This 2019 marks three years since the referendum that approved the exit of the United Kingdom from the European Union, a process known as Brexit. Its effects didn’t take long to arrive once this exit was approved: the pound sterling began to lose value against the euro, companies and investors fled to other countries, among other consequences.
The consequences of Brexit for e-commerce are also on the negotiating table, while the owners of online stores and businesses try not to lose sight of the progress of this process, adapting their projects to the changes and transformations that may occur.
In this article we’ll explain what could be the consequences of Brexit on Ecommerce and how to face them regarding our businesses and online shops.
Table of contents
- 1 Consequences of Brexit for e-Commerce
- 2 How can we prepare ourselves to face the consequences of Brexit in e-Commerce?
- 3 Conclusion
Consequences of Brexit for e-Commerce
There are five possible scenarios with the exit of the United Kingdom from the European Union. Only the ”orderly exit” would mean stability in e-commerce between Spain and the territories involved in the Brexit.
However, if the final scenario of this whole process is the ”No deal” (the exit of the United Kingdom from the single market without any agreement) shipments of products or commercial transactions to and from these territories should be carried out in the same way in which they are carried out with the rest of the countries.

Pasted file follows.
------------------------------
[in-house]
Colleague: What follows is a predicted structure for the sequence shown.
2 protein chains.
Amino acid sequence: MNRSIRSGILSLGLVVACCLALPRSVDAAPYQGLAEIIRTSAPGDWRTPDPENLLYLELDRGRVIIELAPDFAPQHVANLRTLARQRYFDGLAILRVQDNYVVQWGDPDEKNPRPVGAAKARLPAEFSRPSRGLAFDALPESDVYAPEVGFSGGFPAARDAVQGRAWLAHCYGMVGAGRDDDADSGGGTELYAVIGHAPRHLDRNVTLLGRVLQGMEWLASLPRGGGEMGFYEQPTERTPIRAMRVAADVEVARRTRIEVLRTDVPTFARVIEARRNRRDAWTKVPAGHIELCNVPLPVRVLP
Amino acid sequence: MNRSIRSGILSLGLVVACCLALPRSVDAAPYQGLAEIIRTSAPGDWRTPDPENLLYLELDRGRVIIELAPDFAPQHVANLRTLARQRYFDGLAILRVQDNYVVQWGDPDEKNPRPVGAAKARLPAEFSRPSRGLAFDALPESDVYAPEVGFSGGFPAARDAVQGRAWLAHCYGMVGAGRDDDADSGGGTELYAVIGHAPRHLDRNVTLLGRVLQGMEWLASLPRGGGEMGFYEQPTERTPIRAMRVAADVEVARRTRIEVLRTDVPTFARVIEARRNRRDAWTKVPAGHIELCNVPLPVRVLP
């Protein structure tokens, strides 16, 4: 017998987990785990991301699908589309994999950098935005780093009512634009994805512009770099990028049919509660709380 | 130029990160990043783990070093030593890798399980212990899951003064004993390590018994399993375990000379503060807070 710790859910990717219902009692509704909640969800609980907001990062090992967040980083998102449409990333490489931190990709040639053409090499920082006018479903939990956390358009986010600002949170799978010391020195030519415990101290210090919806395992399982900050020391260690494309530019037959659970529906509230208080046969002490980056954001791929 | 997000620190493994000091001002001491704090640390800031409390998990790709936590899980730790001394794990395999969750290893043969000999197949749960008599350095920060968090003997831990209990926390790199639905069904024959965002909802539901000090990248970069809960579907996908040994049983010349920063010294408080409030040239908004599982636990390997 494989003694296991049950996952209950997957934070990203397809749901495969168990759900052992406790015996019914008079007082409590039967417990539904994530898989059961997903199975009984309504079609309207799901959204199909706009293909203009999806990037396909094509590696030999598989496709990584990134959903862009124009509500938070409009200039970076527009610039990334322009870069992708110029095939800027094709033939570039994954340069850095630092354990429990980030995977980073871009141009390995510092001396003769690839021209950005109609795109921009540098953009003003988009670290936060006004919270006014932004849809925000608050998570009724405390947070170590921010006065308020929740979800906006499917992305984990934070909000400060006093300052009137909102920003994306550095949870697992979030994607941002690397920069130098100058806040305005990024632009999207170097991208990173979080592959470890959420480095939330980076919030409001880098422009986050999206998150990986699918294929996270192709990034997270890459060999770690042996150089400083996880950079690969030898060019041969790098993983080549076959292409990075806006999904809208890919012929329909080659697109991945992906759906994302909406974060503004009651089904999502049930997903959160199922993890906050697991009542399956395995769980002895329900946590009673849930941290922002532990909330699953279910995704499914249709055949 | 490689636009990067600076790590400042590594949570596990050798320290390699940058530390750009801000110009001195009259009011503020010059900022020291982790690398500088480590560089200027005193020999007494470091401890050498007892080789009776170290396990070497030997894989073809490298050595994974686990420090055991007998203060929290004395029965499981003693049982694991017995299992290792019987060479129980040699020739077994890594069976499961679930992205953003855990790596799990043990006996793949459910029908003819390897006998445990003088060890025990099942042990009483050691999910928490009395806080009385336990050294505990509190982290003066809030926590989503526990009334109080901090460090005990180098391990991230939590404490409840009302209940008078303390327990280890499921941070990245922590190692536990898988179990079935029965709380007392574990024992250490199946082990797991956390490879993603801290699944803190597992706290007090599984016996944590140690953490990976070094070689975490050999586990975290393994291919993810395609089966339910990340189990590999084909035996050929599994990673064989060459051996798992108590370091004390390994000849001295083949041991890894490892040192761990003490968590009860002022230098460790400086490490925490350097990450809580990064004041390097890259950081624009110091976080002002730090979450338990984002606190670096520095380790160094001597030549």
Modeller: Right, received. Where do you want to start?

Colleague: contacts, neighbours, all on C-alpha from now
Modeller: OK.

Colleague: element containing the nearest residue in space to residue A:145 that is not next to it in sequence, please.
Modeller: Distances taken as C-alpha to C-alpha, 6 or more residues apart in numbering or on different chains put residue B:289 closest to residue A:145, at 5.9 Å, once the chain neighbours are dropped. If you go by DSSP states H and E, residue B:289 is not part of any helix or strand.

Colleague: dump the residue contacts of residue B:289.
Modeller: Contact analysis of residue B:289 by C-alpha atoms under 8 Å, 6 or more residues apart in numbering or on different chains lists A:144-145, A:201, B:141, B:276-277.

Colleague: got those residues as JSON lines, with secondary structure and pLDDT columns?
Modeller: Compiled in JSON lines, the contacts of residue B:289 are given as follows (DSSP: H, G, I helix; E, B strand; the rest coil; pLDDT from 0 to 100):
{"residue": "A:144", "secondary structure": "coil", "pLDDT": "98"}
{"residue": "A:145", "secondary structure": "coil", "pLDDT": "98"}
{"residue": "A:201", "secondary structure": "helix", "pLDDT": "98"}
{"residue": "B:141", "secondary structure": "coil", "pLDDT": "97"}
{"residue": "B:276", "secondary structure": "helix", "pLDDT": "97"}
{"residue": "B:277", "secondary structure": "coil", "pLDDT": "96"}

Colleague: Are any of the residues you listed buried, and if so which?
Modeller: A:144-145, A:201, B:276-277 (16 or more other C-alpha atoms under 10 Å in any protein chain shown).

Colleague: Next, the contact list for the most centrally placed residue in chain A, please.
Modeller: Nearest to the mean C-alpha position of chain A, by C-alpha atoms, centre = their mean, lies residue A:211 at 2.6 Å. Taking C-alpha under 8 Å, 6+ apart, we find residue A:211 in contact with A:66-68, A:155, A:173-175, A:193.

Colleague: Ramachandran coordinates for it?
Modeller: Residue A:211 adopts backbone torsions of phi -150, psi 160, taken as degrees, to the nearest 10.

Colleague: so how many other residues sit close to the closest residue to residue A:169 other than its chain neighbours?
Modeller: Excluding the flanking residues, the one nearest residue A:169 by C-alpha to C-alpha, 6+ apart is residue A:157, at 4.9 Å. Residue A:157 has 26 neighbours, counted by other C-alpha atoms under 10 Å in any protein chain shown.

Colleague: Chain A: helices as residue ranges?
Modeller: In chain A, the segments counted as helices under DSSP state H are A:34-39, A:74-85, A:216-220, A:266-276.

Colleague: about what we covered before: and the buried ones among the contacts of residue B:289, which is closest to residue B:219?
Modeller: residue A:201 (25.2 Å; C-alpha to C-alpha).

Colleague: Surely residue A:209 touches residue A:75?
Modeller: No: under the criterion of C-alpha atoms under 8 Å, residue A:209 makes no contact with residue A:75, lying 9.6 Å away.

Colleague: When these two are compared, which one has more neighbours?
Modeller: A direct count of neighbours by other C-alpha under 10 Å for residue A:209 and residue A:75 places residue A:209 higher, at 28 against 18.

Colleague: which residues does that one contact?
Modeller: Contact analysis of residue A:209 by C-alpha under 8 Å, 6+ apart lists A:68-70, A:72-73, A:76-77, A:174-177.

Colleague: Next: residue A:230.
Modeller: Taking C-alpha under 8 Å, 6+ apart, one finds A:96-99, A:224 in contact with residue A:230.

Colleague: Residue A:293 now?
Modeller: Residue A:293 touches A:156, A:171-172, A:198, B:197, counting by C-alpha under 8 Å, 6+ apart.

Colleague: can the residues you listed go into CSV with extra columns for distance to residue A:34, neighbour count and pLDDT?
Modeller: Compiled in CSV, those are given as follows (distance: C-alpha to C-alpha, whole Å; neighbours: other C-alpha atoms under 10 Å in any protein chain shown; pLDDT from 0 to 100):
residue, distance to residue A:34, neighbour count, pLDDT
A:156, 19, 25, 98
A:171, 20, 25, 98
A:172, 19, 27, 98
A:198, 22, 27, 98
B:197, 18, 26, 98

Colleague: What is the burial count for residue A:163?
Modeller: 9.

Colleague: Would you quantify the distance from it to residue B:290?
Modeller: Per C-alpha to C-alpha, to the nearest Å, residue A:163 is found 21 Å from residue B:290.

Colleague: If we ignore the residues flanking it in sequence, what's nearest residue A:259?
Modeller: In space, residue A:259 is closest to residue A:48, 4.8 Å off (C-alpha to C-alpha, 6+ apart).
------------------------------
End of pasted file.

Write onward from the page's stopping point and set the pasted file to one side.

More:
If the exit of the United Kingdom from the European Union finally becomes effective, it’s necessary to take into account a series of elements in your e-Commerce. Especially if the UK market plays an important role in your online store, you should pay attention to the consequences of Brexit for e-Commerce that we present below.
Impact on logistics fees
Fees related to distribution and shipping costs could increase significantly. Sending products from Spain to customers outside the European Union will be much more expensive than before since they’re not in the single market.
Customs duties and import tax
Linked to the previous element, it should be noted that purchases by UK customers from Spanish online shops or Spanish customers from UK digital retailers will have to pay customs duties and value added tax if they’re cross-border transactions.
Deliveries won’t be as efficient as before and there are likely to be delays due to customs holds on these shipments
Currency fluctuations and changes
Due to the constant changes resulting from the consequences of Brexit and the negotiations involved in this process, currencies will be fluctuating quite a lot. Therefore, if you work with multi-currencies, it’s recommended to identify a fixed exchange rate, checking it every month or week so that it doesn’t affect your transactions significantly.
Effects on the final price of the product
All the consequences of Brexit for e-Commerce mentioned above can affect the final price of the product, taking into account all customs costs and so on. It’s important to pay attention in this regard and inform yourself about all the requirements for shipping and transactions with the UK, in order to reflect all this in the offers of your online store effectively.
With Brexit, the UK will have to set its own regulations for e-commerce. This can have legal consequences between territories, making it more difficult to transact business. All this implies assuming the costs of operation and bureaucratic red tape.
Loopholes in personal data protection policy